The tech industry was better prepared than the vast majority of companies for the sudden shift to working from home. In this episode, Peter Baumann and Sabine Ehm walk through how SAP is developing its corporate real estate strategy now and post-pandemic.
Meet the expert
Peter Baumann is the Global Head of Real Estate & Facilities Projects at SAP. He started at SAP over 20 years ago fixing desks and distributing the post. His ambition led to taking on more and more responsibilities over the years. With an interest in project management, he found himself the head of project for EMEA and has since delivered 150+ projects throughout the region. It was in this position that he learned much about workplace experience. Around 4 years ago, he was given the opportunity to lead the center of excellence with regards to workplace and corporate real estate function.
SAP is a large, international tech company headquartered in Germany. It’s real estate portfolio stretches across 80 countries, with 1.8 million square meters of floor space. The CRE team is made up of 355 people worldwide, with 80+ nationalities represented. In addition, the CRE team is strengthened by a variety of third-party experts. Overall, the real estate budget of SAP is roughly 660 million per year.
Listen to the following clips to gain insight into how Peter faces corporate real estate strategy at SAP.
“It’s amazing when you think of what companies were doing 10-15 years ago for their employees, compared with now. It’s been a substantial change and transformation.” – Peter Baumann
There’s no denying it: companies have become more focused on employee experience. Many real estate professionals see covid as the trigger for this. However, Peter believes the transformation has been happening long before the pandemic. Companies have been integrating talent acquisition into their corporate real estate strategy, and going as far as opening locations in hot spots and improving their benefits packages. “Attracting and retaining talent has become a huge thing.”
At SAP, the CRE team has 3 main strategies: business, people, and location. Within these, there are 3 dimensions of focus: the employee experience, the customer experience, and the shareholder experience. Peter spends a lot of time elaborating on the employee experience in this clip. He believes a close relationship with HR is crucial. HR provides deeper insight into maintaining employee satisfaction while guiding the team through the realities of the pandemic. Over the past two years, large companies, including SAP, have had to adapt to flexible working styles. And, employees need to know what is in it for them: what are the benefits? What are the tradeoffs? What is the impact?
“Even though I’ve worked from home for the past 10 years, I was surprised by the magnitude of what it means to have everybody working from home.” – Peter Baumann
When the pandemic hit, we saw companies scramble to make working from home possible for employees. In this clip, Sabine points out that as a tech company, SAP was probably far more prepared than most. In Peter’s opinion, the company was well prepared for this major change, both operationally and technologically. However, it wasn’t as simple as that. It was true that SAP had well-integrated teams with plenty of information easily accessible on sites such as SharePoint, but the reality is that it wasn’t enough.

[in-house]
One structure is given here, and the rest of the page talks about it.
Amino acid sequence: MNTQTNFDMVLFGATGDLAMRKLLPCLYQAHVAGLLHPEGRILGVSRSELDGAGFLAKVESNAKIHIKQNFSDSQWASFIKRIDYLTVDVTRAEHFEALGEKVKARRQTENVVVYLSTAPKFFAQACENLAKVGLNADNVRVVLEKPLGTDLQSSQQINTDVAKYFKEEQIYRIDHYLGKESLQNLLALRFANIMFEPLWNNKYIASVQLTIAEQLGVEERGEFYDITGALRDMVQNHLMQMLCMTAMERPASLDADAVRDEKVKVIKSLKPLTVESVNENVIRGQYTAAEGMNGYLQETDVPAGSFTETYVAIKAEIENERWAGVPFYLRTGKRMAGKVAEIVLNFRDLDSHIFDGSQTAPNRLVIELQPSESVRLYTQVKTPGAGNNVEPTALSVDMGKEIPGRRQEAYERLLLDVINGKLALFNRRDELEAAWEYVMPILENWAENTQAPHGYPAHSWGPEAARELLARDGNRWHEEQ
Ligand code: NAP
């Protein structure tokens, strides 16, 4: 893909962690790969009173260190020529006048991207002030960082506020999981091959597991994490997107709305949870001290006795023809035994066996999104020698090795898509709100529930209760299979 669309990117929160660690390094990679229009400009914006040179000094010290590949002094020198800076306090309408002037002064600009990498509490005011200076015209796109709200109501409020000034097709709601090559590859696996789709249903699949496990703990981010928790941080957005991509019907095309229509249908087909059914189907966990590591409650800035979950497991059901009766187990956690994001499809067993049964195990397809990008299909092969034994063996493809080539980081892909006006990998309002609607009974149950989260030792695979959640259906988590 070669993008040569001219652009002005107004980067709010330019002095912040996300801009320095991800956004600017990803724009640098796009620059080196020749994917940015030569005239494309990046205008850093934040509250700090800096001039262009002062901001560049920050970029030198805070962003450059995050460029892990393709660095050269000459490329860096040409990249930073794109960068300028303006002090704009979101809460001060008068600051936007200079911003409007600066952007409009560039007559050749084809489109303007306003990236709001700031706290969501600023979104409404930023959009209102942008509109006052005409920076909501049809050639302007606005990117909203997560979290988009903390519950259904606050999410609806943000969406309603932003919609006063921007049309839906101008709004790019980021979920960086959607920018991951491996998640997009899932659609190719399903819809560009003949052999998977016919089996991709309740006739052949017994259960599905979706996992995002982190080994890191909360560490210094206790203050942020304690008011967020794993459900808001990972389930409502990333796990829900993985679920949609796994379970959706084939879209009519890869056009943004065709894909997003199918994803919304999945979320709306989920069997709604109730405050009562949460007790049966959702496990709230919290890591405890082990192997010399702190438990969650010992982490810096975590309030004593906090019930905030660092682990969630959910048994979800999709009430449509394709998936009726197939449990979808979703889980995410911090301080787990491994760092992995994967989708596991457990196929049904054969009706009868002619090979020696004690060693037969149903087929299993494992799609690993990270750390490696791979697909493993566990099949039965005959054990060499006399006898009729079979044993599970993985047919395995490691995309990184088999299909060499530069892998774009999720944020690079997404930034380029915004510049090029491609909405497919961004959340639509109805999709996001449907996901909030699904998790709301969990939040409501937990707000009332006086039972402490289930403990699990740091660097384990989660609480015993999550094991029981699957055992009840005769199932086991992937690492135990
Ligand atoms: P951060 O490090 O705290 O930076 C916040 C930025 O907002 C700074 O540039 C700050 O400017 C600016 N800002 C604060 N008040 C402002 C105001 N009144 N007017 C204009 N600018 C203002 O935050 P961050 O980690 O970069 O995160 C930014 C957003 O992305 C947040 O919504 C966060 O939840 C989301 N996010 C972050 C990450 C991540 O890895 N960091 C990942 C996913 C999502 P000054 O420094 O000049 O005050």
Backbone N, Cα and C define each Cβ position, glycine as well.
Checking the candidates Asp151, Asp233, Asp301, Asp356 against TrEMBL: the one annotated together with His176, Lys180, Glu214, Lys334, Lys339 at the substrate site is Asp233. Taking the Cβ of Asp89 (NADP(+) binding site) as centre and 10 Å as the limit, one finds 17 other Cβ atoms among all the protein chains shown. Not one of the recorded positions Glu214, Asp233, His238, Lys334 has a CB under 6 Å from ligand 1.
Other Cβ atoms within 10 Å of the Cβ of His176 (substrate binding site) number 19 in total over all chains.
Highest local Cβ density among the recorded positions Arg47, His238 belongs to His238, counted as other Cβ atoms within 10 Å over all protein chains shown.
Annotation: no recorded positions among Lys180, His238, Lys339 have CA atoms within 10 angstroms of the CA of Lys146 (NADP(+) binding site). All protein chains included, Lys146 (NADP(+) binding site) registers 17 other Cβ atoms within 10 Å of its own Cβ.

The change in mindset has also been considerable, according to Peter. In the past, at-home work programs and shared workspaces faced enormous resistance. Hierarchy, ownership, and status were the dominant values. Then, “out of nowhere, everyone was thrown in the same bucket;” everyone was working from home. And guess what, it worked.
“To me, it’s not important how many people are stuffed [into a space], because I don’t pay per workstation, I pay per squared meter.” – Peter Baumann
The traditional way to calculate how much space an office will need is to multiply the headcount by a share ratio. This strategy is stale, and doesn’t account for the realistic needs of an office. In order to better predict space requirements, Peter and the real estate team have created a comprehensive strategy. First, they take into account pre-pandemic utilization numbers. Second, they survey employees, asking how often they think they’ll be in-office post-covid. Lastly, they look at growth numbers from the location strategy. With these numbers, they have a solid starting point. The next step is looking at personas. This is where they take into account what functionalities will be required: who they are, what they do, and what they might expect. Each person is then assigned a specific amount of productive space, in square meters. Multiplied by the number of employees, and you arrive at the number.
Employee experience is at the forefront of most corporate real estate strategies, and SAP is no exception. The CRE community has seen a significant shift toward an employee-first model since the pandemic began. Peter believes this happened long before covid, but it wasn’t recognized to the same extent as it is now. SAP was more prepared than others for the sudden work-from-home model, but it still wasn’t enough. Looking into the future, Peter and the CRE team have built a strategy to predict office space requirements in new buildings. Their goal is to supply a consistent employee experience on a global scale. Of course, there are factors that will impact this. “The beauty of this model is that we provide a certain limitation”, and local teams can adjust accordingly.
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